According to the United States Geological Service, Buildings in the Greater Los Angeles area have up to a 5 percent chance of being damaged by an earthquake this year. In fact, California ranks as No. 2 for estimated annualized earthquake loss at 30.6 %, the USGS reported.

That’s why homeowners who live in Los Angeles and other earthquake-prone areas of California must construct their homes according to the state’s law. In addition, they should also strengthen their buildings’ walls through reinforced masonry walls in order to keep your home protected from unpredictable elements, such as storms and seismic activity.

But, unreinforced masonry walls (URMs) can’t work in such areas as it puts the structure at greater risk for a partial or complete collapse in an earthquake. Generally, unreinforced masonry buildings have load-bearing and non-load-bearing walls. However, when reinforcing materials like concrete, cinder blocks, or rebar are used, neither of these is supported. Typically, unreinforced masonry is made of bricks, hollow clay tiles, stone, concrete blocks, or adobe.

Let’s discuss in detail unreinforced masonry buildings so you can protect your home from destruction. The following guide will elaborate on what unreinforced masonry walls are, how to identify one, and what you should do to make the wall stronger.

What Are Unreinforced Masonry Walls (URM)?

Unreinforced Masonry Wall

Photo Credit: Research Gate

Unreinforced Masonry Walls (URM) are walls in a building that are made of brick, stone, or other masonry materials but do not have additional reinforcement, such as steel bars or additional layers of concrete. These types of walls are commonly found in older buildings, particularly those constructed before the mid-20th century. They are considered to be particularly vulnerable to damage during earthquakes due to their lack of reinforcement and can cause significant damage to the building and its occupants.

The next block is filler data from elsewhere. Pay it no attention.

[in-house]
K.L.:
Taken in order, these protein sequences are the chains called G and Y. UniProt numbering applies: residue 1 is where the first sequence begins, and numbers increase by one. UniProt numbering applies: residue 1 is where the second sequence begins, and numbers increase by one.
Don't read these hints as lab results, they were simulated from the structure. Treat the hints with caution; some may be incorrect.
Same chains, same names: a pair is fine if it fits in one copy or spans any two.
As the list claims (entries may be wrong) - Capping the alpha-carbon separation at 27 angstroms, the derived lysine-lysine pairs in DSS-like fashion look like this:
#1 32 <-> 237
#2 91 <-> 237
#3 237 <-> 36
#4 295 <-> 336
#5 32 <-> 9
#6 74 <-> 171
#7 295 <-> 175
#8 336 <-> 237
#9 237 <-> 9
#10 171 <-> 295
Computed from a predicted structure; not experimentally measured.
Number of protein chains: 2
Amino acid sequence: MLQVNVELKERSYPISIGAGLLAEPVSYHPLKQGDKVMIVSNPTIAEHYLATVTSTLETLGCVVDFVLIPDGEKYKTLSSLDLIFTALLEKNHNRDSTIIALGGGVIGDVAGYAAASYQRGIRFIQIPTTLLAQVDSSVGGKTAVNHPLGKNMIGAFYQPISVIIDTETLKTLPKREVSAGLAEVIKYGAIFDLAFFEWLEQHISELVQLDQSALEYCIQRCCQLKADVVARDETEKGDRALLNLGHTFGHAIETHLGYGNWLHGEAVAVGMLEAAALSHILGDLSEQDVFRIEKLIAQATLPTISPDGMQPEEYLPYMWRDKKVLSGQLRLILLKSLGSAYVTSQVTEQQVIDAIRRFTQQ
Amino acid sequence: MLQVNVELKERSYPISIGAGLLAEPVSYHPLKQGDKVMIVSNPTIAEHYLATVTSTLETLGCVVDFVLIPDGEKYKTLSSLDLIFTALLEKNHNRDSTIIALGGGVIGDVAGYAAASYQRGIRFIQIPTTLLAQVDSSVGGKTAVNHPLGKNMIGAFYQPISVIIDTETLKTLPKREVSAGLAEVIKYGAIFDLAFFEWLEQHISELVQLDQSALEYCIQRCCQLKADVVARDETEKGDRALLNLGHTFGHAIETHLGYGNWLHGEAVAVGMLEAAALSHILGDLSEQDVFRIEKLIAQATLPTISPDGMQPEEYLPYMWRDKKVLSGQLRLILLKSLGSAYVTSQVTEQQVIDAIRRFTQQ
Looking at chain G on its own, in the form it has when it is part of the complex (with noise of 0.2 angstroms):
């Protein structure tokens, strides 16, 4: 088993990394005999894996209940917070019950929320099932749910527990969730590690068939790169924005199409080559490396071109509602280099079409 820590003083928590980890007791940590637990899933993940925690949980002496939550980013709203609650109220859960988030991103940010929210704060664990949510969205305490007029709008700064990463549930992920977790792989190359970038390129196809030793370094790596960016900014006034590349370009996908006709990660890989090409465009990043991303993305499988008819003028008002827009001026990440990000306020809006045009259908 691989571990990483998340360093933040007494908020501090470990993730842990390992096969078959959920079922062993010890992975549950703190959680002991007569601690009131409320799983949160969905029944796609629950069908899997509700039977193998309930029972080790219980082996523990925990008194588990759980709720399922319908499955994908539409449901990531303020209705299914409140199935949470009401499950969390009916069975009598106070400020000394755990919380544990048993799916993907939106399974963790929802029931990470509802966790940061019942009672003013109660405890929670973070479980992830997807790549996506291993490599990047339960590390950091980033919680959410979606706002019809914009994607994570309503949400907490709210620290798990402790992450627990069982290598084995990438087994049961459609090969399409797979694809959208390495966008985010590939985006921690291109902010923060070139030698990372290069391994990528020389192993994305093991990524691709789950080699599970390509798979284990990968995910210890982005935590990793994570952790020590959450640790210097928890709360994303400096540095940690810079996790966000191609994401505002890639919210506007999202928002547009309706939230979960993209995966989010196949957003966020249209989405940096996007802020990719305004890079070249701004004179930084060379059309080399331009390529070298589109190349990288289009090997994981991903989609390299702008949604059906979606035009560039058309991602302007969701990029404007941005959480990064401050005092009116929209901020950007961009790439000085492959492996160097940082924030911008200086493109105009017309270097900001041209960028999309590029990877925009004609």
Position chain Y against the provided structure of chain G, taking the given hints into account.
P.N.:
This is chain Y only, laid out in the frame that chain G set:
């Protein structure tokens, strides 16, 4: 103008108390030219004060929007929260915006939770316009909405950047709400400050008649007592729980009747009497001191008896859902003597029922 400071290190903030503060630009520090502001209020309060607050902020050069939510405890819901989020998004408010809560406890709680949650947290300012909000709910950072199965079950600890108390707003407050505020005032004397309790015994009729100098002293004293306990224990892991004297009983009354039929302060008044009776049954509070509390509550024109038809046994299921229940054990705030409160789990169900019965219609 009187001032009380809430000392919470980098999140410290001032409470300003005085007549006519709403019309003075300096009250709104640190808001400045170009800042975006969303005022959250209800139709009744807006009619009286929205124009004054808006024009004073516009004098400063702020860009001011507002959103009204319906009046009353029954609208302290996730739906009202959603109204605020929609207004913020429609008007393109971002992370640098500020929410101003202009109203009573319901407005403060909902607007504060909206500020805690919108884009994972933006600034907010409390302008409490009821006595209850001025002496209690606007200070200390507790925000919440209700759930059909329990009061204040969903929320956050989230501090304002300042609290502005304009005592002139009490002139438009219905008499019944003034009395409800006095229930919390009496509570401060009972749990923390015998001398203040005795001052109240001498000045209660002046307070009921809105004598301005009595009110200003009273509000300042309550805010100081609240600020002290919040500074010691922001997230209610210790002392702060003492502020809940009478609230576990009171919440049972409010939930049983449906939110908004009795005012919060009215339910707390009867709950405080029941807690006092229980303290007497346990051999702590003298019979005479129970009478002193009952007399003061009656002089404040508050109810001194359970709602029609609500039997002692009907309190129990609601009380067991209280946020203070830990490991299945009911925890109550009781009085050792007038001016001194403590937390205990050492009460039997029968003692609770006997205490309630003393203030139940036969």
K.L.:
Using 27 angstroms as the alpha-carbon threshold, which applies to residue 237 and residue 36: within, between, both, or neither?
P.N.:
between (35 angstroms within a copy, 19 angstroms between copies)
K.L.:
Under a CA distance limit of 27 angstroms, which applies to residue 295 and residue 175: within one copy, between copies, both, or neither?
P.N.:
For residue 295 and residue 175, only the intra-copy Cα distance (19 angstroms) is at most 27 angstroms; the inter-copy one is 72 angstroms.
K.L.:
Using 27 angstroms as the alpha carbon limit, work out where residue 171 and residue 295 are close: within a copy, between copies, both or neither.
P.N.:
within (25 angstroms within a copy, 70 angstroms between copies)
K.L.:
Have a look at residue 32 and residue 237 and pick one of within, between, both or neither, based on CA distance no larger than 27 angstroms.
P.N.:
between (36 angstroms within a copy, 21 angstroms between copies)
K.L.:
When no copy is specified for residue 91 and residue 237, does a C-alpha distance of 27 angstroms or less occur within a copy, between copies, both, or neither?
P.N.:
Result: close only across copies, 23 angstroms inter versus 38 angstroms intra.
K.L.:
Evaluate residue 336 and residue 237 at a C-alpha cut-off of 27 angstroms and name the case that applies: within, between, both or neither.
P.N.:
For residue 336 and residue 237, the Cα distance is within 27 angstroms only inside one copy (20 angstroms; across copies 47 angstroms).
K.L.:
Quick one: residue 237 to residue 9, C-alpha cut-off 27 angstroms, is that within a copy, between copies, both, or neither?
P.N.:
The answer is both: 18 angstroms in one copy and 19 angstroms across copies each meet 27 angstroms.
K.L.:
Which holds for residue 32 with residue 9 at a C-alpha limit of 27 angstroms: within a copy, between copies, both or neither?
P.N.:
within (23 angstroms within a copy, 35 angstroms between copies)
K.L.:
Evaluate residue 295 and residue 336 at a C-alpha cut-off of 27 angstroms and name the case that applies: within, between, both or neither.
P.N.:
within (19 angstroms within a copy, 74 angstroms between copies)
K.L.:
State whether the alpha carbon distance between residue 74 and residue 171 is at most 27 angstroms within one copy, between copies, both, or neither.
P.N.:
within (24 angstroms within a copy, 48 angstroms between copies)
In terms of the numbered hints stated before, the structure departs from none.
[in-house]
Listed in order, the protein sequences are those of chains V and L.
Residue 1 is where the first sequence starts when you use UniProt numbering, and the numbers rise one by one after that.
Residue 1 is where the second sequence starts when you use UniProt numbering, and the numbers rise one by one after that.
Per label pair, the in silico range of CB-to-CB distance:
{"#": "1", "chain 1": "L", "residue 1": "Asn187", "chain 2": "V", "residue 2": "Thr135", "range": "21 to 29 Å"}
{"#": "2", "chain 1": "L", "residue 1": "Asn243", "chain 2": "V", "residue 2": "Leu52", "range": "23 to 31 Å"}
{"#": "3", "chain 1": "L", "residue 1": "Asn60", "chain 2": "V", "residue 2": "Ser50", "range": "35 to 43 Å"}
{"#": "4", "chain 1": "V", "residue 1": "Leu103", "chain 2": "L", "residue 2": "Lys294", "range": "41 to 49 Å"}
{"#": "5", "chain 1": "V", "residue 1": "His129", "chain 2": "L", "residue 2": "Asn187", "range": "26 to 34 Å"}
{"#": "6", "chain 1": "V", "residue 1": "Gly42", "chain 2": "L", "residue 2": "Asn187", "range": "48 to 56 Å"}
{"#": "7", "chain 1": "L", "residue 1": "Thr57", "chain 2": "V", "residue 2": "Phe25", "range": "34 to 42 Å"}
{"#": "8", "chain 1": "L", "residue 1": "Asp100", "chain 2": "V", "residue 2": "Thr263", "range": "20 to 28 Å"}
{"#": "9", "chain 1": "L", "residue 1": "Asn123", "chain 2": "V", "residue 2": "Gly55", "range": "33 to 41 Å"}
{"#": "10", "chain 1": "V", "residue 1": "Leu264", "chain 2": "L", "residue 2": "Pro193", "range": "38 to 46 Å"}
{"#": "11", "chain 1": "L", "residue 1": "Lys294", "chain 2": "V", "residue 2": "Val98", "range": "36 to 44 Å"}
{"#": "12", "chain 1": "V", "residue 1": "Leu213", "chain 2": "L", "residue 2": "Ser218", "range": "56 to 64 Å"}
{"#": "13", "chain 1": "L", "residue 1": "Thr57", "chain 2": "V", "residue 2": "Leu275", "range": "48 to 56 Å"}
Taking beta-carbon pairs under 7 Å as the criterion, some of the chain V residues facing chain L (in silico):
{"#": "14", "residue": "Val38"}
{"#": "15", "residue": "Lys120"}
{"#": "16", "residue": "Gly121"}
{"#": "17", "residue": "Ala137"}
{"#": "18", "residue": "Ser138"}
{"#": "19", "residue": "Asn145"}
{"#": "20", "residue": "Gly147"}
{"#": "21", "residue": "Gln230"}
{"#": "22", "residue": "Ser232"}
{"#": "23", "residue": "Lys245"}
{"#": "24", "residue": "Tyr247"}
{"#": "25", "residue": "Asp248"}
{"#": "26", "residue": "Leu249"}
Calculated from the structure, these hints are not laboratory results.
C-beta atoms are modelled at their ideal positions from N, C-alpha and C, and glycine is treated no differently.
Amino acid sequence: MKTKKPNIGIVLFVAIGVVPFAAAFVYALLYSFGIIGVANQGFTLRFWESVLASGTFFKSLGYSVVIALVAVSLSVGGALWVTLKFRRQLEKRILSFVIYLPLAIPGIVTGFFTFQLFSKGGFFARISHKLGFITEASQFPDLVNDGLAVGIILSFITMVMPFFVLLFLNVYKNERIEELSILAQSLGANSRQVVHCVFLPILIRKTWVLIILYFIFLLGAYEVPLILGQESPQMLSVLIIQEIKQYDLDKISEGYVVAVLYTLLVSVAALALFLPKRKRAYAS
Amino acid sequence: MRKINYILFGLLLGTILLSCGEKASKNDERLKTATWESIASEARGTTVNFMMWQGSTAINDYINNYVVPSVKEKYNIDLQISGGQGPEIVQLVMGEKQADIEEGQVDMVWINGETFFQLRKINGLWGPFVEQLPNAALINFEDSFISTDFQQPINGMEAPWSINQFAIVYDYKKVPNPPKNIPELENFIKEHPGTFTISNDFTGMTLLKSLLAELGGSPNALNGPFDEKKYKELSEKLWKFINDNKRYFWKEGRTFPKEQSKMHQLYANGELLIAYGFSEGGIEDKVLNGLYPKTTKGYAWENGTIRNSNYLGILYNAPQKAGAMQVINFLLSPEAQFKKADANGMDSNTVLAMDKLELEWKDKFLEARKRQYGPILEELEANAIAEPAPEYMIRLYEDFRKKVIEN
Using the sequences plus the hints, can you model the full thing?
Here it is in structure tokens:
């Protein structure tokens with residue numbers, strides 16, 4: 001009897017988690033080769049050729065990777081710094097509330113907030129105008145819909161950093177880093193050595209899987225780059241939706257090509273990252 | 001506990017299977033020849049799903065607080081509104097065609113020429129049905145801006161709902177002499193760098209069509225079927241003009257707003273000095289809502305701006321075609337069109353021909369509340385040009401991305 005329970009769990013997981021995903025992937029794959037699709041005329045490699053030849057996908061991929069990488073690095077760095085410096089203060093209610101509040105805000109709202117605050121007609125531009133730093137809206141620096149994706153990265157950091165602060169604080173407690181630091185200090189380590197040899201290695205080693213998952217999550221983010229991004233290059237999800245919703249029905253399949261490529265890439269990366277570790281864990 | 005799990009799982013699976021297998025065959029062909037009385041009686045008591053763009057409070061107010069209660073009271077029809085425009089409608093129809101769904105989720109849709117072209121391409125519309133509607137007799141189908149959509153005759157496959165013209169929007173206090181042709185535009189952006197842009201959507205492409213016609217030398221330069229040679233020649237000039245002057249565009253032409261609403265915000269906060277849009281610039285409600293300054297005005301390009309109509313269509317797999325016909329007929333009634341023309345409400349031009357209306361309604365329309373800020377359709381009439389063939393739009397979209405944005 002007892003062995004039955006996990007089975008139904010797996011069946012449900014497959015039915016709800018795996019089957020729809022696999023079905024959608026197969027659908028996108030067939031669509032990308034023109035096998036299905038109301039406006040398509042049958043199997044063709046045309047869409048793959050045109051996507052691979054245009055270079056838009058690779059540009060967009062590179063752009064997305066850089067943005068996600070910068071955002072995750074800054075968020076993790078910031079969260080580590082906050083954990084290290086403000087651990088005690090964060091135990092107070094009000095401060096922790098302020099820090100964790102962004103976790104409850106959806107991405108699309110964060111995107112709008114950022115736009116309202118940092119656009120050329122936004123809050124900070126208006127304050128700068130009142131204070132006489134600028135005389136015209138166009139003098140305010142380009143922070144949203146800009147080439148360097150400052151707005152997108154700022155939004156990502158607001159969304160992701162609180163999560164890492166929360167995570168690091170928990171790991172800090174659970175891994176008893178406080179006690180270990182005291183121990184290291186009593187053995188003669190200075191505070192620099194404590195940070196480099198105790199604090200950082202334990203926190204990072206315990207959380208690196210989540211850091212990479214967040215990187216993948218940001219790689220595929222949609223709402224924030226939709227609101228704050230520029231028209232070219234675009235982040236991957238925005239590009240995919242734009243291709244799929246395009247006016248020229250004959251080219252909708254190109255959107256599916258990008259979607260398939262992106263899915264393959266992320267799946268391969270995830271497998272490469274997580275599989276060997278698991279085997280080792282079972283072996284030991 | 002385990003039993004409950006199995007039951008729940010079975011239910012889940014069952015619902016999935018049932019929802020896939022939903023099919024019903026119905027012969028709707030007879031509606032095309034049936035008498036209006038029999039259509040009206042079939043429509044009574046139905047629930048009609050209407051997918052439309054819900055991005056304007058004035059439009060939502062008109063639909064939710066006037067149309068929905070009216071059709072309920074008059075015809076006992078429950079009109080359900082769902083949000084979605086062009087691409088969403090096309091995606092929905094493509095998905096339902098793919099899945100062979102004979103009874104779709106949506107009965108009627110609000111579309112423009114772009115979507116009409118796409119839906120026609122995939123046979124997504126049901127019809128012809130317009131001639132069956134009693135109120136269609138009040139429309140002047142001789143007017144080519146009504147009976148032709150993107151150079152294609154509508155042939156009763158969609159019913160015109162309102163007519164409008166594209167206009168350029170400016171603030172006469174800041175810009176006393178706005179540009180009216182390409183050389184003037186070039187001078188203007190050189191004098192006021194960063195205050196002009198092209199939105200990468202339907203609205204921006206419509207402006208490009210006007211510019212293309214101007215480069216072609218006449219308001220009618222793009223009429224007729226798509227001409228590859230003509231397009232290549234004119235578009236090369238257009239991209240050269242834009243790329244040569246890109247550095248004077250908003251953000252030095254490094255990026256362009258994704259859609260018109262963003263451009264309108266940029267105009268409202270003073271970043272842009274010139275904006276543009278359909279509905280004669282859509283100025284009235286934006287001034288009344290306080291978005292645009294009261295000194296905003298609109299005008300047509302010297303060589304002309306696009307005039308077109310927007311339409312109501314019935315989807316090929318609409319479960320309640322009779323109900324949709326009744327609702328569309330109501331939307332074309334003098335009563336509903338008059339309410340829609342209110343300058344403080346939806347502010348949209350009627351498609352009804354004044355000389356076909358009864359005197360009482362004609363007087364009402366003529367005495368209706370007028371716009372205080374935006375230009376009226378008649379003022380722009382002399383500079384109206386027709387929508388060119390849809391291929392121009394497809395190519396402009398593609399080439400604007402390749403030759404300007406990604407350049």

Typically built before 1945, unreinforced brick buildings (URMs) are old brick buildings composed of bricks. As these buildings were not built according to modern building codes, they are much more likely to be damaged or collapse during an earthquake. The walls and floors of URMs are typically constructed of brick and the roofs and floors are made from wood. The header courses on URM construction are telltale signs.

Is Unreinforced Masonry Safe in an Earthquake?

Unreinforced masonry (URM) buildings, also known as brick buildings, are not considered safe in an earthquake. URM buildings are constructed with brick walls that are not reinforced with steel or other materials to increase their structural strength. This makes them highly vulnerable to collapse during an earthquake.

In many cities, URM buildings have been identified as a significant hazard in the event of an earthquake and many have been retrofitted or demolished. It’s important to note that it’s not just the building’s age that determines if it is safe or not in an earthquake but also the design and the materials used in the building.

As of now, no retroactive regulations are in place in Los Angeles to require seismic retrofitting for URM owners. It means seismic retrofit of unreinforced masonry buildings is necessary for the building collapse due to an earthquake. However, if you are planning a major renovation, re-occupying a vacant URM, or changing the use of your current URM, you may be required to comply with seismic regulations in the current Los Angeles Building Code. The Department of Construction and Inspections can provide more information about this.

The Behavior of Unreinforced Masonry Walls

Unreinforced Masonry Walls

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There are various signs through which you can easily recognize whether the wall is reinforced or unreinforced. Here are the following signs to identify the unreinforced walls:

  • Your home or building’s exterior can often tell you if it’s reinforced or not. Observe your building and see if it has “header courses.” of bricks. When the bricks are arranged endways every 5-6 rows, they enhance the strength of unreinforced masonry. If the bricks in every row of bricks look the same, the building may need reinforcement.